The English language is made up of 26 letters, yet there are an estimated 44 sounds heard in the language. This is in part due to vowels, those letters that must be present in a word and can make either a short or a long sound. When teaching short vowel sounds: /a/ as in "ran," /e/ as in "bed," /i/ as in "wind," /o/ as in "jog" and /u/ as in "under," use engaging activities that capture students' attention and allow them to hear the sounds that these short vowel sounds make.
Sing a song to encourage the recognition of short vowel sounds. The lyrics to this song are sung to the tune of "The Wheels on the Bus."
"The "a" in "apple" says /a/, /a/, /a/,
/a/, /a/, /a/
/a/, /a/, /a/.
The "e" in "elephant" says /e/, /e/, /e/
/e/, /e/, /e/,
/e/, /e// /e/.
The "i" in "ink" says /i/, /i/, /i/,
/i/, /i/, /i/,
/i/, /i/, /i/.
The "o" in "octopus" says /o/, /o/, /o/,
/o/, /o/, /o/,
/o/, /o/, /o/.
The "u" in "umbrella" says /u/, /u/, /u/,
/u/, /u/, /u/,
/u/, /u/, /u/.
Repeat the verses over and over with your students. The repetition and catchy tune will help students retain the sounds the short vowels make.
Invite students to sort through pictures of words that contain short vowel sounds. Print out pictures of items that contain short vowel sounds: an alligator, a cat, a dog and an ostrich, for example. Encourage students to say the names of the pictures aloud and have them place the pictures that contain the same short vowel sound together. For example, the picture of the alligator and the cat should be grouped together and the picture of the dog and the ostrich should be grouped together.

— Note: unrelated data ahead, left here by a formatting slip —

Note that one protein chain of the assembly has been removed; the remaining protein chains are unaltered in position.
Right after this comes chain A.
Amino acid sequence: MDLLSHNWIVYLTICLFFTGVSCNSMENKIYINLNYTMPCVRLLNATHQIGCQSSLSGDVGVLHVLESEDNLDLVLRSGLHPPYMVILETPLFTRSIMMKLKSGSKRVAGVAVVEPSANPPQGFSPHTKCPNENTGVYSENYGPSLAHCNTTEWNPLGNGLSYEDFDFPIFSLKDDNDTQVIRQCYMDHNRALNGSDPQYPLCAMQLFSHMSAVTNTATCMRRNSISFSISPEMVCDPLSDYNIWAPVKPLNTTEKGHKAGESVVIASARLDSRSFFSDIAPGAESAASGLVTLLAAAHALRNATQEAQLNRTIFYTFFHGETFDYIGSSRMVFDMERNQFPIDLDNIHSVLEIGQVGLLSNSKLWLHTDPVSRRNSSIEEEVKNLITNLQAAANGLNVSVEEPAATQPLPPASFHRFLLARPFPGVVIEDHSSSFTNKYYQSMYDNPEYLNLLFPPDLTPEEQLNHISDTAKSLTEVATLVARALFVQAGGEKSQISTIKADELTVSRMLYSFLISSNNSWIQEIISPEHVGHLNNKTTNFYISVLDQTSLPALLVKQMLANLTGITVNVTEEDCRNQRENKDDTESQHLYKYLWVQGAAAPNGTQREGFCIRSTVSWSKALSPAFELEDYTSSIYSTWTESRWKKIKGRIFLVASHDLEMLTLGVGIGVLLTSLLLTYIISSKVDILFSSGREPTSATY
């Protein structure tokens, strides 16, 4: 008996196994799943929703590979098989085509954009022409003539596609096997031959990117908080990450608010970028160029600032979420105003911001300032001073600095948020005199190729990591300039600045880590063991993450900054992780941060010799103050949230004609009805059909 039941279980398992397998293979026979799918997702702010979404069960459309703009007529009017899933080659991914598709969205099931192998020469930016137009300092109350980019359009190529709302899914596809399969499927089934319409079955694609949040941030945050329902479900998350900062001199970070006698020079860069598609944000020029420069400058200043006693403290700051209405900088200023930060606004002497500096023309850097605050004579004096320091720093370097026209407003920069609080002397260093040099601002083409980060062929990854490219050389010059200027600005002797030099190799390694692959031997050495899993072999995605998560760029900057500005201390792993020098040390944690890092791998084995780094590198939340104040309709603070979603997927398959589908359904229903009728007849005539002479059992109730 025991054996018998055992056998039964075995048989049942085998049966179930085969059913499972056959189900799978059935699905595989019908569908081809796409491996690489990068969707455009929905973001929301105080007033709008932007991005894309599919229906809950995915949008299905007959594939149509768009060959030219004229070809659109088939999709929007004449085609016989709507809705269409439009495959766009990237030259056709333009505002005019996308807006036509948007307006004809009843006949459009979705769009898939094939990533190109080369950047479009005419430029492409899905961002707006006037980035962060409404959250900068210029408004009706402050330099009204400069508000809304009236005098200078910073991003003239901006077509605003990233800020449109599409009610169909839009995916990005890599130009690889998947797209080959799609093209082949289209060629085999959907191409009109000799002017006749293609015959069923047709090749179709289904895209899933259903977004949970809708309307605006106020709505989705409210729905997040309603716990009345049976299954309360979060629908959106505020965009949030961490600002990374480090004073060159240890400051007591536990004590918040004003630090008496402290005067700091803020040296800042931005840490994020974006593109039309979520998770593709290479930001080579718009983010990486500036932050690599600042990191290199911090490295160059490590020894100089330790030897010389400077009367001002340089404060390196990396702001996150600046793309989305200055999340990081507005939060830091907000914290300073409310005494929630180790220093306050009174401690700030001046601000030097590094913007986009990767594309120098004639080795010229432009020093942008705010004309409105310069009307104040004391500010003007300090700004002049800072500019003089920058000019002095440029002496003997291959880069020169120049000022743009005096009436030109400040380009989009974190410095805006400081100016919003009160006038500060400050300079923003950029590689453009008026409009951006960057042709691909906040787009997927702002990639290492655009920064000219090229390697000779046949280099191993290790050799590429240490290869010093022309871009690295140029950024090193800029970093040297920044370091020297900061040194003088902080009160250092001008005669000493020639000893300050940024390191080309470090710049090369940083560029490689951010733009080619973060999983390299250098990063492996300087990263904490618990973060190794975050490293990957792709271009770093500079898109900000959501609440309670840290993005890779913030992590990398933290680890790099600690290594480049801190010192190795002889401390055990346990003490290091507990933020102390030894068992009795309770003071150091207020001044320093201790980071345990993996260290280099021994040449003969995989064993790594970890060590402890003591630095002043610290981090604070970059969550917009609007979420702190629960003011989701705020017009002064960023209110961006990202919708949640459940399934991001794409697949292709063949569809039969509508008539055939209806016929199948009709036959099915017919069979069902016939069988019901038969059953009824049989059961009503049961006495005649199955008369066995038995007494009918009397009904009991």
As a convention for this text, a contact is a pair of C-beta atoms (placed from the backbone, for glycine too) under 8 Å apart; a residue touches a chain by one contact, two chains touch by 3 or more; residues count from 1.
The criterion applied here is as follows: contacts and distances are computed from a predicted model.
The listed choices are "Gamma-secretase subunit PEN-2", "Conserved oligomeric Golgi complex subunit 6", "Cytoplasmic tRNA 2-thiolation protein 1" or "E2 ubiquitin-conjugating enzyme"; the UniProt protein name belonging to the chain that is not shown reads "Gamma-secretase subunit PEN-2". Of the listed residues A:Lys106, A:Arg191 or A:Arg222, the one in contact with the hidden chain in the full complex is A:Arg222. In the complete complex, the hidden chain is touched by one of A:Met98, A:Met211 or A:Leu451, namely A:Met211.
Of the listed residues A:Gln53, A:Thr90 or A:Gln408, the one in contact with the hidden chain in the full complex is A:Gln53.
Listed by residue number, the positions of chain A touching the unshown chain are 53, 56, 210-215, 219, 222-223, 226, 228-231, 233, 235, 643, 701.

Play a game that requires students to identify the vowel that makes the short vowel sound. Invite two students to stand at the front of the classroom. State a word that contains a short vowel sound, "tap" for example. The first student to identify that the letter "a" makes the short vowel sound in the given word remains standing, while the other student sits down. A new student takes the place of the student who sat down, and you state a new word that contains a short vowel sound. The game continues being played in this manner until all students have had a turn.
Lily Mae began freelance writing in 2008. She is a certified elementary and literacy educator who has been working in education since 2003. Mae is also an avid gardener, decorator and craft maker. She holds a Bachelor of Arts in education and a Master of Science in literacy education from Long Island University.